Catch up with the latest news and views from this week in tech. What inspired and encouraged, shocked and appalled? Here’s our top 10.
Our education system has not evolved in over 50 years. It’s still a desk-based, classroom-style environment, where technology is integrated within old ways of working that are not built to engage, inspire or innovate, but to maintain control and order.
And yet I marvel at the dedication and professionalism of those in teaching professions. Their passion to teach future generations should be empowered by technology, not stifled by regulation and auditing compliance. Consider how far the car, the phone, the computer, have come in the past 10 years, let alone 50!
Technology should be the platform to transform the way we teach and learn. Hopefully, these trends will lead to positive change and help shape the very word “education” 30 years from now.
New research has found that there is so much wind energy potential over our oceans that it could be used to generate “civilization scale power.” This is enough power to make a significant difference to power grids of entire regions, if not nations.
The challenge is in developing the technology to harness this power across vast and often hostile environments. But the key point is that wind energy over open oceans is an untapped natural resource… “reinforcing the idea that floating wind farms, over very deep waters, could be the next major step for wind energy technology.”
Wow, the true power of social media. Scary stuff!
This New York Times examination looks at Russian-linked Facebook pages and YouTube videos that were used in the 2016 election. It has been found that much of the content was taken directly from videos and posts from Americans.
The plot thickens!
4. Innovation Velocity
From cheap smartphones to artificial intelligence, Google is on the frontline of technological development. But is it growing too big and moving too fast?
A rare interview with Google’s CEO reveals insightful views on the pace of technological change and, most interestingly, how we oftentimes need to slow down.
5. Craving Human Attention
Are we about to go full circle?
Google, Twitter and Facebook workers who helped make technology so addictive are disconnecting themselves from the Internet. Today a growing – and influential – group of Silicon Valley refuseniks are raising the alarm about our use of technology in an increasingly competitive race for human attention.
We have indeed “created a world of perpetual distraction that could ultimately end in disaster,” so what can we do about it?
When push comes to shove, will we do anything at all? Because money talks and human attention sells better than anything.
6. Quantum Leap
“The next generation of supercomputers appears to be at an inflection point—promising speed and processing power that could redefine business and trigger a new industrial revolution.”
Good read: A Quantum Leap Toward A Computing Revolution
Could quantum computing really be the technology that triggers a new industrial revolution? With immense speed, instantaneous network connectivity, power and performance on a scale never seen before, it has all the makings.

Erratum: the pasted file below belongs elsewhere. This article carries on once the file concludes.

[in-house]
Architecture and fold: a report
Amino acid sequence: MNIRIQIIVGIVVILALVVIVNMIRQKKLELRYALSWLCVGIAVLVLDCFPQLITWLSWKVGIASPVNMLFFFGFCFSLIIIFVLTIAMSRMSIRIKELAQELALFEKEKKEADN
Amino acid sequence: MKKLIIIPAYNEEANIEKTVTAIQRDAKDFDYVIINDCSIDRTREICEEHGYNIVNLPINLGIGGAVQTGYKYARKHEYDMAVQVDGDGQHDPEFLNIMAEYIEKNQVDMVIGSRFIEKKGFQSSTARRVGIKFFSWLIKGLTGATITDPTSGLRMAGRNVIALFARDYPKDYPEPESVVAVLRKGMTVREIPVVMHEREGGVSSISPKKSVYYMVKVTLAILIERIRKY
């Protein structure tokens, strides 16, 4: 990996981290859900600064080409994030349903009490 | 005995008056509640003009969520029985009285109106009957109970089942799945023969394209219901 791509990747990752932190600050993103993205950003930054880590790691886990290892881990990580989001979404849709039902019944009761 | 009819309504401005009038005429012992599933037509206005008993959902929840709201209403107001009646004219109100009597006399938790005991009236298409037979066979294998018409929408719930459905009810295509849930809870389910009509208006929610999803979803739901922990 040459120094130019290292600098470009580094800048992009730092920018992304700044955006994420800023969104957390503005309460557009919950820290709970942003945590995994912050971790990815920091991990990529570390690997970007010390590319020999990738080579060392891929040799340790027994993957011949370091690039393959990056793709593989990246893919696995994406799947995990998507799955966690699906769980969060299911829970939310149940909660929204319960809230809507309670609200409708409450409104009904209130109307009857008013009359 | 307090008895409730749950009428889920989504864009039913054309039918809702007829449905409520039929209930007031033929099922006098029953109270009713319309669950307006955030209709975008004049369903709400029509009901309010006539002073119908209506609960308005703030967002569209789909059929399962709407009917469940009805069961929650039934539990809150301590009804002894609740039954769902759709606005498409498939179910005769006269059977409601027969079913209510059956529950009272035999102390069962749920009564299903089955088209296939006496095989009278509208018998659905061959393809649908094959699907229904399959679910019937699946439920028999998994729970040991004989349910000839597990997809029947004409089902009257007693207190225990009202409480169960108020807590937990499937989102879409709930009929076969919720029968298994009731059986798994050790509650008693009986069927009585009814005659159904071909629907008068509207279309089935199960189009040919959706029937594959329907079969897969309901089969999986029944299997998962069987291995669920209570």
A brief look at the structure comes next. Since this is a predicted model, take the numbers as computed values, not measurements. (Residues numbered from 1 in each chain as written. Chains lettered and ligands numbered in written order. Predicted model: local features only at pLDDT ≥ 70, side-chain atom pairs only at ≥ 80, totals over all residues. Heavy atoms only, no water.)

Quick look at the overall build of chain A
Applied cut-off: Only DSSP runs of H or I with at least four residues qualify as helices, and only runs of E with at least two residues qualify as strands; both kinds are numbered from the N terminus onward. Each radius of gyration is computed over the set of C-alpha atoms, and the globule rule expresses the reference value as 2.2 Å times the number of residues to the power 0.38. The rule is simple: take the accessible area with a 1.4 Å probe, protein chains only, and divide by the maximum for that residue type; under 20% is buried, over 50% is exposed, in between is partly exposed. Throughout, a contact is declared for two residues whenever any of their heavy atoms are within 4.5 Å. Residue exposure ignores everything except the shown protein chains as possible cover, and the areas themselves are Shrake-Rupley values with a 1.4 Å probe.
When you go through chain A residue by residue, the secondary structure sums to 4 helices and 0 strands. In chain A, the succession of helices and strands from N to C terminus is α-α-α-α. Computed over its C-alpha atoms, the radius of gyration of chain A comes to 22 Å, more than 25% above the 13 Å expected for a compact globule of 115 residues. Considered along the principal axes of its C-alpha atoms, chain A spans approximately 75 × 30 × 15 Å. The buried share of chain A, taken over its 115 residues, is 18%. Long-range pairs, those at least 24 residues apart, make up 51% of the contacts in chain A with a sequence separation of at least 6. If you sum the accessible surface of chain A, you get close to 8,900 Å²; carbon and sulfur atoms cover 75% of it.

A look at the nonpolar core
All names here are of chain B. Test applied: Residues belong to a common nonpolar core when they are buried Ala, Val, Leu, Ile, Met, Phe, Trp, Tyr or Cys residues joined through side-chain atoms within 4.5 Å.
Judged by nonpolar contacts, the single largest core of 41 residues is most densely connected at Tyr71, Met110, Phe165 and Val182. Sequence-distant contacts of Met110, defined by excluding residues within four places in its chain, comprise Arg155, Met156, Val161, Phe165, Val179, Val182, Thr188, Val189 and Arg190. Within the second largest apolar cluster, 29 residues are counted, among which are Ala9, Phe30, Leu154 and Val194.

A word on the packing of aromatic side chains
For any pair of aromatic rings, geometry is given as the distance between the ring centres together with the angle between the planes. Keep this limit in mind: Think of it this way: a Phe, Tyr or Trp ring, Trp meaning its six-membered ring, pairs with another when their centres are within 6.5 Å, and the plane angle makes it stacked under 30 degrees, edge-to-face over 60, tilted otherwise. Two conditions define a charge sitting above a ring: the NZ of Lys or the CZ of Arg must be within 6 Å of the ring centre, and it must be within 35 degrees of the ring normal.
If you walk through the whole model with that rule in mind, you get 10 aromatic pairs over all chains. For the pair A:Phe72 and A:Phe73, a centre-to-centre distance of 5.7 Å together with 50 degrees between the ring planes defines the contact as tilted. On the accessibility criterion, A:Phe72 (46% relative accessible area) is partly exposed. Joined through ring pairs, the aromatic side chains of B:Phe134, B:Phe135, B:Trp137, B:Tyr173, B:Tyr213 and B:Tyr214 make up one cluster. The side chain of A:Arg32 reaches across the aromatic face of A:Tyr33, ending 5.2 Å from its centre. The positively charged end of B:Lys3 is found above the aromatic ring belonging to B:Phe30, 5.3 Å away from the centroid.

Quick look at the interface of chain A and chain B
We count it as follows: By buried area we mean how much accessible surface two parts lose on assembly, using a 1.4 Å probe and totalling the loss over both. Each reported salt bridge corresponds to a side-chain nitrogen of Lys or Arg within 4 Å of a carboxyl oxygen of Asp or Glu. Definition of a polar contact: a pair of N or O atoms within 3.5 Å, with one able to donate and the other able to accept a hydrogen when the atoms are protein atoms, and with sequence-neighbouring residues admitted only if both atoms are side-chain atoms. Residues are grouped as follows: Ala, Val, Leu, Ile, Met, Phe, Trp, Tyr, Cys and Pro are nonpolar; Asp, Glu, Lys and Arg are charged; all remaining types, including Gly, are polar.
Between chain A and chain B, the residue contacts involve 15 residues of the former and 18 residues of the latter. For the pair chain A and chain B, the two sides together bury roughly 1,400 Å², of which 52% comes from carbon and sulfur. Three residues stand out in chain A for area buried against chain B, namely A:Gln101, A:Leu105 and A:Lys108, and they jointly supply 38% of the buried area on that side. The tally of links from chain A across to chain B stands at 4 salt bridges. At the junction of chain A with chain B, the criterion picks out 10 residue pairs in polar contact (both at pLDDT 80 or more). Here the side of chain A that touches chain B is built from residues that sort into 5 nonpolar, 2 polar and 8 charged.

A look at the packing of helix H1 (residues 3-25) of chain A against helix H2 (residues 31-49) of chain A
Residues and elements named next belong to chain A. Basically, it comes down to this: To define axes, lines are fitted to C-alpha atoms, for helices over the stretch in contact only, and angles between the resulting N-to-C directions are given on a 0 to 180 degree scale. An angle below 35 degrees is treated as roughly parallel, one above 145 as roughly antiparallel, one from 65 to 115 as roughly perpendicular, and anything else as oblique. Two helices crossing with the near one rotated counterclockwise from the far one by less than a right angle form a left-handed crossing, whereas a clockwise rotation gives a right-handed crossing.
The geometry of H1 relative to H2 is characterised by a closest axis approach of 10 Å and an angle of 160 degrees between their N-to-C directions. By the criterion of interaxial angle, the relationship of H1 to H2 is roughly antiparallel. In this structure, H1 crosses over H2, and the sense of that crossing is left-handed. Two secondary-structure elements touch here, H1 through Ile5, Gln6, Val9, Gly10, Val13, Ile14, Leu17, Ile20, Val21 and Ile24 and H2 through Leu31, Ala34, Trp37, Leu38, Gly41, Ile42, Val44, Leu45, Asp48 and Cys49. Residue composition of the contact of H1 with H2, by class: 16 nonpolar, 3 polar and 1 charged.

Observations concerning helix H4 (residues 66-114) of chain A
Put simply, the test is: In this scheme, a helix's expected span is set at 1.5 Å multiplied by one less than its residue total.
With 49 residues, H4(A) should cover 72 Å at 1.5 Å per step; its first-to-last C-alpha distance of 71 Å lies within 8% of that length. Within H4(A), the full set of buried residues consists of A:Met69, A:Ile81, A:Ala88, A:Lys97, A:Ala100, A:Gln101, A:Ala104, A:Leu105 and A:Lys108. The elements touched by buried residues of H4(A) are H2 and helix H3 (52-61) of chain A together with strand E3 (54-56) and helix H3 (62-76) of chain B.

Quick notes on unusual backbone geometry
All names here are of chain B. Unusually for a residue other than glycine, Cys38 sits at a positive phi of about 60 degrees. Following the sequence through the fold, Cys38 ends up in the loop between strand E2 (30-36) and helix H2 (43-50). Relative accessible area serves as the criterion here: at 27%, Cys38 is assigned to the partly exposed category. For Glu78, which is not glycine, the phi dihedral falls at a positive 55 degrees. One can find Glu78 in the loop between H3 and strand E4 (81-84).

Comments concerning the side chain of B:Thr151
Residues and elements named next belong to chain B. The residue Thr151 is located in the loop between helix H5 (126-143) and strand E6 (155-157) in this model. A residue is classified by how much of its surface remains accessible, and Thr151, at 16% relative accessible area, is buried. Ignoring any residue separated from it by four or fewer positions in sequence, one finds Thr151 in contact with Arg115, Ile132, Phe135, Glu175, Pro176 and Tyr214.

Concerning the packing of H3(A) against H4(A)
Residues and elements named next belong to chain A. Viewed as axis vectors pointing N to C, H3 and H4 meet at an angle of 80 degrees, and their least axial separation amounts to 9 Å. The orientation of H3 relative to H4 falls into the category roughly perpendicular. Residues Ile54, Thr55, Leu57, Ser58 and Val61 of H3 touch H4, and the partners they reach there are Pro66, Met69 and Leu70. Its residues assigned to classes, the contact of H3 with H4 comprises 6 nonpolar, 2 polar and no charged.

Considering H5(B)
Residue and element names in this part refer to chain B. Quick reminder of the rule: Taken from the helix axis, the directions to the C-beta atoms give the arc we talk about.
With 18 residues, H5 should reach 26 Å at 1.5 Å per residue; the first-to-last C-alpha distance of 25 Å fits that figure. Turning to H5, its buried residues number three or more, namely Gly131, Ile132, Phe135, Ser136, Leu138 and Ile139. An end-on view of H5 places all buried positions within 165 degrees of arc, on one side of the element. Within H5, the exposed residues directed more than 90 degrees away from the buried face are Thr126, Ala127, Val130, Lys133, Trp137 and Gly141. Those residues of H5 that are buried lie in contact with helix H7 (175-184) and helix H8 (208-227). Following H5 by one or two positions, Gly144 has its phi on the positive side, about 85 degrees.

Which leads us nicely into…
7. The Future Of Computing
With the shift from personal to collaborative computing, and the increasing relevance of AI, AR, and VR in the real-world, Microsoft is betting on mixed reality (MR) becoming the future of computing. But how far can it go?
Good read: Is Mixed Reality The Future Of Computing?
Microsoft’s Alex Kipman and other industry leaders give us some exciting insights into what “blending real and virtual means for human interaction with tech.”
A cautionary tale for all those in cloud services… “as they bicker and strut, cloud vendors seem to forget that their customers actually need to get real work done, now.”
A brilliant post that strips the cloud back to its true calling, delivery of technology – software, hardware, infrastructure, apps – remotely.
With that in mind enterprise needs “real tools and real technology, they want stuff to work right away, and they want examples to follow that prove things can work right away”
The focus should indeed be on them. Leave the conceptual stuff to R&D.
We’ve covered quantum computing and the future of computing without much of a mention of AI, which in truth is going to be the great enabler of much in the field of tech as move into the next decade.
Live from the Gartner Symposium/ITxpo 2017 in Orlando.
Good read: AI Trends for Enterprise Computing
We discussed the need for a) exploration of IoT at the edge of conventional wisdom, b) the use of AI to ease application integration, and c) better support for customer-facing apps.
If we are looking to “impact business outcomes with a focus on application integration and IoT,” then AI will make this a reality.
10. Carbon-sucking Technology
And finally, scary but exciting in equal measure.
There is no scare-mongering here, as efforts to cut planet-warming emissions are falling short by some considerable margin. To scientists, this means large-scale projects to suck carbon dioxide out of the atmosphere will be needed by the 2030s just to “hold the line against climate change.”
That’s little more than 10 years away and I don’t believe this is simple propaganda! Food for thought and work to be done for sure.
Until next week.
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